Her recent trip to Columbia; learning that Hezbollah is in South America and that U.S. Currency counterfeiting is a big problem there

Congresswoman Schmidt gave a few details about her recent trip to Columbia to see how that nation is deal with their own version of home grown terrorism.

She noted that two things stuck in her mind from the trip:

1) She learned that Hezbollah is in Latin America
2) Counterfeiting of U.S. Currecy in Latin America is a big problem. (This report says that $40 million in counterfeit money was recently intradicted in Ecuador.)

"Rat" on the Intelligence Committee started sharing sensitive information on recent British terrorist plot that was foiled

Congresswoman Schmidt noted that the recently foiled British terrorism plot is justification for a strong intelligence-based approach to fight terrorism.

She shared that she was dismayed to learn that even after the recent plot had been uncovered, someone, a "Rat" - her exact words, in the Intelligence Committee was already leaking behind the scenes details to the press. She didn't say whether the leak was from the House or Senate committee. (A search of news reports hasn't confirmed this yet.)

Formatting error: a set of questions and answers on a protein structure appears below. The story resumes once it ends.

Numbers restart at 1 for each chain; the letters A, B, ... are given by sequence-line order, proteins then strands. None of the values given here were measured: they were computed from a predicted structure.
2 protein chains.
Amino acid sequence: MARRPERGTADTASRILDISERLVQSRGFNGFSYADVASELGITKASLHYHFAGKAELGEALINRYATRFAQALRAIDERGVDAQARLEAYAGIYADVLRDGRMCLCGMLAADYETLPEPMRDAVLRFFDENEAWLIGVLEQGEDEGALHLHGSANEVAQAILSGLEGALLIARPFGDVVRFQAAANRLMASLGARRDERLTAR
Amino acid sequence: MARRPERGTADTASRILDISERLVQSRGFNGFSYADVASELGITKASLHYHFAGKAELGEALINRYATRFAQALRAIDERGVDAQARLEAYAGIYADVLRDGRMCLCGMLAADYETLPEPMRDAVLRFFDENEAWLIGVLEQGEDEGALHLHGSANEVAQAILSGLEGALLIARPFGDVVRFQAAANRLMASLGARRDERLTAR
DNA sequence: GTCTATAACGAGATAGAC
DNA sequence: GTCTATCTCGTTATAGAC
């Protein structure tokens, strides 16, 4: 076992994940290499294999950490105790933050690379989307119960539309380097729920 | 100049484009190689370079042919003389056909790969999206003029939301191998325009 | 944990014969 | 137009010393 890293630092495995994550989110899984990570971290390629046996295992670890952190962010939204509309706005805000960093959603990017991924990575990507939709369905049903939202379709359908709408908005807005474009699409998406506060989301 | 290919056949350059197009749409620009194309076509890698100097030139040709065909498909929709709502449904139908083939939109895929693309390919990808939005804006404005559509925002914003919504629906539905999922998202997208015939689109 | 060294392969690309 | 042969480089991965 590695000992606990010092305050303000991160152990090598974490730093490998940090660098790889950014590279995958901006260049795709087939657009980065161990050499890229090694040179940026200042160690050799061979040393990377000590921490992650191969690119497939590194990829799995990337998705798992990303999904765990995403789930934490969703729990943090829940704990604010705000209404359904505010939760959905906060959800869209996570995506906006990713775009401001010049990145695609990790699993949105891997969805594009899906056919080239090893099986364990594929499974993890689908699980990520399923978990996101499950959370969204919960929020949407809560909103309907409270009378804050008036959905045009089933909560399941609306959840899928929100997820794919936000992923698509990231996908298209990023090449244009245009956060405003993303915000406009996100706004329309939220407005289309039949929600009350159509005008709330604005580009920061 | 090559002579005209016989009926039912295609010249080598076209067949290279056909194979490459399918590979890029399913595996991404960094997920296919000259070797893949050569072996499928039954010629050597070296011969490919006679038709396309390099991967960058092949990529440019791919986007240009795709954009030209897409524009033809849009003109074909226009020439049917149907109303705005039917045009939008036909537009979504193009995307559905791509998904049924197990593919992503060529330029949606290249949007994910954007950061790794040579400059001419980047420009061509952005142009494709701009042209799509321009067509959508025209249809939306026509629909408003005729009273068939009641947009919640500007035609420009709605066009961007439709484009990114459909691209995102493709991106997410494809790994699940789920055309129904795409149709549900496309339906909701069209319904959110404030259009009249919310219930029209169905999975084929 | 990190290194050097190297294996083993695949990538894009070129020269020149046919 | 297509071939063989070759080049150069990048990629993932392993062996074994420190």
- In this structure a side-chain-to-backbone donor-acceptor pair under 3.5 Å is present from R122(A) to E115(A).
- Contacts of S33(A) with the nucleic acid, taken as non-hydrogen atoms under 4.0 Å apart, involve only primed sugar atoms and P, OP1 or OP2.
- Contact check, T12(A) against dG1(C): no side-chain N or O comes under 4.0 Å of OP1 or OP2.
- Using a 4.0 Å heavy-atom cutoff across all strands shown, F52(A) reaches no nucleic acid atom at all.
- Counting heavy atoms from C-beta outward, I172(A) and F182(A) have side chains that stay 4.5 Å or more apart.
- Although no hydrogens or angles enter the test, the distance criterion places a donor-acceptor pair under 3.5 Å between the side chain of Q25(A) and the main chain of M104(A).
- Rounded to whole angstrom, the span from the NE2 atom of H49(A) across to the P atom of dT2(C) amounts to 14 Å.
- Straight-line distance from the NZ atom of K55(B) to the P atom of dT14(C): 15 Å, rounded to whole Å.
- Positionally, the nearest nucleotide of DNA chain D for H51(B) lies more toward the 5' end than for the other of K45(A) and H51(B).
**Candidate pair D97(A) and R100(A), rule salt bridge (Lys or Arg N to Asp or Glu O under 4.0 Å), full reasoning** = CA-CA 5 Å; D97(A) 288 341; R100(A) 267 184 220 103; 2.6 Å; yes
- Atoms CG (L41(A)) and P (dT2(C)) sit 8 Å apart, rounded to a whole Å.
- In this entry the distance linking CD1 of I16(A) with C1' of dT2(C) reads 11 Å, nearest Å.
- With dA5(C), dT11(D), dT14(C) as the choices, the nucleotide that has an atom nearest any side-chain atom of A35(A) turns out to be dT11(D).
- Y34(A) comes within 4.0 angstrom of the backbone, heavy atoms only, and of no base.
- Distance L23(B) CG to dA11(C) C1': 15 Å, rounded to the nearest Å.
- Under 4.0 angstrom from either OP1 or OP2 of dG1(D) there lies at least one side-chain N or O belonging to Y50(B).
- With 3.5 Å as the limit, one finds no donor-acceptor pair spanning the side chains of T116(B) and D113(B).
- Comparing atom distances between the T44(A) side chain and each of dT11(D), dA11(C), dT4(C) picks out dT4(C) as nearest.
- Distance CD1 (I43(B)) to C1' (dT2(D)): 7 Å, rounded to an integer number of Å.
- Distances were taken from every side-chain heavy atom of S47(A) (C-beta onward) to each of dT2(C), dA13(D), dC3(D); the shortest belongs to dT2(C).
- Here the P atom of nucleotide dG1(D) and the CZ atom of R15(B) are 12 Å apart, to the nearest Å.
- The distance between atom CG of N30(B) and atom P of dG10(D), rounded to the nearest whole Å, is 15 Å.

Legislative Accomplishments

Similar legislation to that introduced by Ms. Schmidt on phone spoofing was passed by the Congress.

Audience Participation:

Immigration, Immigration, Immigration!

Many in the audience were loaded for bear to share their feelings on illegal immigration. To say that they weren't holding back would be an understatement. There was a very strong attitude of 'deport everyone that is not legally entitled to be here!' English only laws were also a hot button issue. This topic easily took up 3/4 of the audience participation section.

Congresswoman Schmidt noted that she supports local efforts like those of Sheriff Richard Jones.

Frivolous law suit reform

An audience member asked about frivolous law suit reform. Ms. Schmidt strongly supports it and recounted a story about her days as a Township Trustee and having to deal with a frivolous lawsuit involving the winter salting of a neighboring township and the liability that resulted from it.